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No. sentence
1 A swarthy daughter a asparagus grower, in culottes, shirt, and bandanna, pedaled past on her bicycle.
2 shirts like tunics, drop-crotch pants for men and culottes for women are predicted to be the must-have items for the fashionably daring.
3 rear legs have the previously described culottes, and in mature dogs, light feathering from hock joint to the foot.
4 suitable for sewing underwear, tights, underskirt. culottes, etc.
5 Thee rump area is heavily coated and forms culottes or pants.
6 The knee length skirts or blouson culottes piles of tweed jackets thick black tights and shiny loafers-made models resemble english school girls albeit conspicuously well dressed ones.
7 The rump area is heavily coated and forms culottes or pants.
8 During the French Revolution, partisan groups such as the Enragés and the sans-culottes saw a turning point in the fermentation of anti-state and federalist sentiments.
9 the initial stage of dandyism, the gilded youth, was a political statement of dressing in an aristocratic style in order to distinguish its members from the sans-culottes.
10 Internally, popular agitation by the Sans-culottes radicalised the Revolution significantly, followed by the Insurrection at the end of May, and the rise of Maximilien Robespierre.
11 Fifth, the working class of Paris and the other cities – the sans-culottes – resented the fact that the property owners and professionals had taken all the spoils of the Revolution.
12 When prices rose in February the sans-culottes – poor labourers and craftsmen – rioted;
13 This encouraged the Jacobins to seize power through a parliamentary coup, backed up by force effected by mobilising public support against the Girondin faction, and by utilising the mob power of the Parisian sans-culottes.
14 An alliance of Jacobin and sans-culottes elements thus became the effective center of the new government.
15 On 2 June 1793, Paris sections – encouraged by the enragés ("enraged ones") Jacques Roux and Jacques Hébert – took over the Convention, calling for administrative and political purges, a low fixed price for bread, and a limitation of the electoral franchise to sans-culottes alone.
16 In this interpretation, as expressed by the Marxist historian Albert Soboul, Robespierre and the sans-culottes were heroes for defending the revolution from its enemies.
17 Jacques Hébert, Convention member leaning to the 'Cordeliers' group, on 24 May 1793 called on the sans-culottes to rise in revolt against the "henchmen of Capet [the ex-king] and Dumouriez [the defected general]".
18 While that committee consisted only of members from The Plain and the Girondins, the anger of the sans-culottes was directed towards the Girondins.
19 On 9 September The National Convention voted to establish sans-culottes paramilitary forces, revolutionary armies, and to force farmers to surrender grain demanded by the government.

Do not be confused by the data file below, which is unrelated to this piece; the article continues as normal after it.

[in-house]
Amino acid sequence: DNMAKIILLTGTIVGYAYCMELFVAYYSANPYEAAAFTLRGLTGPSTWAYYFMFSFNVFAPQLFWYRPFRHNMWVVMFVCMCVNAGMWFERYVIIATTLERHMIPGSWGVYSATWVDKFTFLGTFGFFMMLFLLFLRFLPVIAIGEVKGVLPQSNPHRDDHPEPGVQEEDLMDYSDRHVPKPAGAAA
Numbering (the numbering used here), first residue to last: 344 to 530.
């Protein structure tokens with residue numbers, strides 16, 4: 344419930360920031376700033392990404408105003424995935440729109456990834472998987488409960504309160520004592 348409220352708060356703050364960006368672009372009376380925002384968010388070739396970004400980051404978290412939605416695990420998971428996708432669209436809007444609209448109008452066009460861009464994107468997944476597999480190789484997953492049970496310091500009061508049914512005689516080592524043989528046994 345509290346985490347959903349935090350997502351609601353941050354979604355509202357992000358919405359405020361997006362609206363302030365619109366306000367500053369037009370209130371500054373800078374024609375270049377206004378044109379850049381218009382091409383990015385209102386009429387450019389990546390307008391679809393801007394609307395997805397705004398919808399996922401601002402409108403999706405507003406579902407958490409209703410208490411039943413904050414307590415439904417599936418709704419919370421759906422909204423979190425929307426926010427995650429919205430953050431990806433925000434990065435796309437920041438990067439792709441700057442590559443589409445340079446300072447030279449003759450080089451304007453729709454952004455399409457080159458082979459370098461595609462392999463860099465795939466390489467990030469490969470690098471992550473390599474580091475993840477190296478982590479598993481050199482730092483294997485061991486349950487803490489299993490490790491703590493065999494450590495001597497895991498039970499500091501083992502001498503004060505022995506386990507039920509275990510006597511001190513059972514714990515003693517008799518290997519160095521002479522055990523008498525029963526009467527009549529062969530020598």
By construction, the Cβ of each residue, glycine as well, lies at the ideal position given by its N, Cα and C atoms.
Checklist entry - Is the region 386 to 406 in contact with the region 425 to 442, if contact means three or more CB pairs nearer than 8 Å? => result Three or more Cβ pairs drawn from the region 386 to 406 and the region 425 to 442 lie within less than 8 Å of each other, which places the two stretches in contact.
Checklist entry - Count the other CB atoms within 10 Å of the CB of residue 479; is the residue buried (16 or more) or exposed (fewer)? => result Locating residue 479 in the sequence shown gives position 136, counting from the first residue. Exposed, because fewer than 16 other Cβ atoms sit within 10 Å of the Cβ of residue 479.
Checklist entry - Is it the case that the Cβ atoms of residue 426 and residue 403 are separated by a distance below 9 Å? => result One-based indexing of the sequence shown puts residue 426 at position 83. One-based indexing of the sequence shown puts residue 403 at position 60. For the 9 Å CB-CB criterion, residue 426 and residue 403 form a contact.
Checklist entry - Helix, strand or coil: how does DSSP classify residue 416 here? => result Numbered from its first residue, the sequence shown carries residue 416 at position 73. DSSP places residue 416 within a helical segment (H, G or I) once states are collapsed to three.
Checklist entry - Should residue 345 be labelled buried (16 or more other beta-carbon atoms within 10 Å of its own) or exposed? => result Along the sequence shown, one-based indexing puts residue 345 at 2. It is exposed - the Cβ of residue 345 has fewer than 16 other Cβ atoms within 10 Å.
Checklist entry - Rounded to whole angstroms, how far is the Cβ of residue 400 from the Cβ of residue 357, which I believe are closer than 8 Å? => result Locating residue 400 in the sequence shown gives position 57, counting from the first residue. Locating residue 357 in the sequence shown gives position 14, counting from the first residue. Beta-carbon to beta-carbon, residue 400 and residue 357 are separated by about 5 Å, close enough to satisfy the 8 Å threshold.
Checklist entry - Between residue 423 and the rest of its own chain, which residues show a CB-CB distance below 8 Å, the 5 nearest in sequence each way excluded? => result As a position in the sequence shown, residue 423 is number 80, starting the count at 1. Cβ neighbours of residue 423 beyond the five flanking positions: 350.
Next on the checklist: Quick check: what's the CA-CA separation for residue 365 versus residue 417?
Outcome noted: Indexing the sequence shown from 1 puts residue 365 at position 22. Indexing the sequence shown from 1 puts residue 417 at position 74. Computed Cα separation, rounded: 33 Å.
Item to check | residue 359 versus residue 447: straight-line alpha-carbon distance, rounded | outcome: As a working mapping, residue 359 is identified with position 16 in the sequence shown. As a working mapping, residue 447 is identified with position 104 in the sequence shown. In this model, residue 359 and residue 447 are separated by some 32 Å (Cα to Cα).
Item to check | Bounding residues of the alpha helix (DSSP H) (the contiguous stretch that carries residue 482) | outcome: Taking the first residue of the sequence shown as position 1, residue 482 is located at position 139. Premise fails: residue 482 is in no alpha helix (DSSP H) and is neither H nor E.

20 The central theme of this argument was that the Revolution emerged from the rising bourgeoisie, with support from the sans-culottes, who fought to destroy the aristocracy.
21 These were originally known as les sans-culottides (after sans-culottes), but after year III (1795) as les jours complémentaires: Below are the Gregorian dates each Republican year (an in French) began while the calendar was in effect.
22 With rivalry, even enmity, in the National Convention and its predecessors between so-called 'Montagnards' and 'Girondins' smouldering ever since late 1791, Jacques Hébert, Convention member leaning to the 'Montagnards' group, on 24 May 1793 called on the sans-culottes—the idealized simple, non-aristocratic, hard-working, upright, patriotic, republican, Paris labourers—to rise in revolt against the "henchmen of Capet [= the killed ex-king] and Dumouriez [= the defected general]".
23 While that committee consisted only of members from la Plaine and the Girondins, the anger of the sans-culottes was directed towards the Girondins.
24 Because of this, the Jacobins, unlike other sects such as the Girondins, were closely allied to the sans-culottes, who were a popular force of working-class Parisians that played a pivotal role in the development of the revolution.
25 Eventually, the Revolution coalesced around The Mountain's power, with the help of the insurrections of the sans-culottes, and, led by Robespierre, the Jacobins established a revolutionary dictatorship, or the joint domination of the Committee of Public Safety and Committee of General Security.
26 The conventionalized scrawny, French revolutionary sans-culottes Jacobin, was developed from about 1790 by British satirical artists James Gillray, Thomas Rowlandson and George Cruikshank.
27 In some countries, uniform types vary from school to school, but in the United Kingdom, many pupils between 11 and 16 of age wear a formal jacket, tie and trousers for boys and blouse, tie and trousers, skirt, or culottes for girls.
28 Some types of shorts are typically worn by women, such as culottes, which are a divided skirt resembling a pair of loose-cut shorts.
29 They also have longer fur on their hind legs called culottes.
30 The sans-culottes (French: [sɑ̃kylɔt], literally "without breeches") were the common people of the lower classes in late 18th-century France, a great many of whom became radical and militant partisans of the French Revolution in response to their poor quality of life under the Ancien Régime.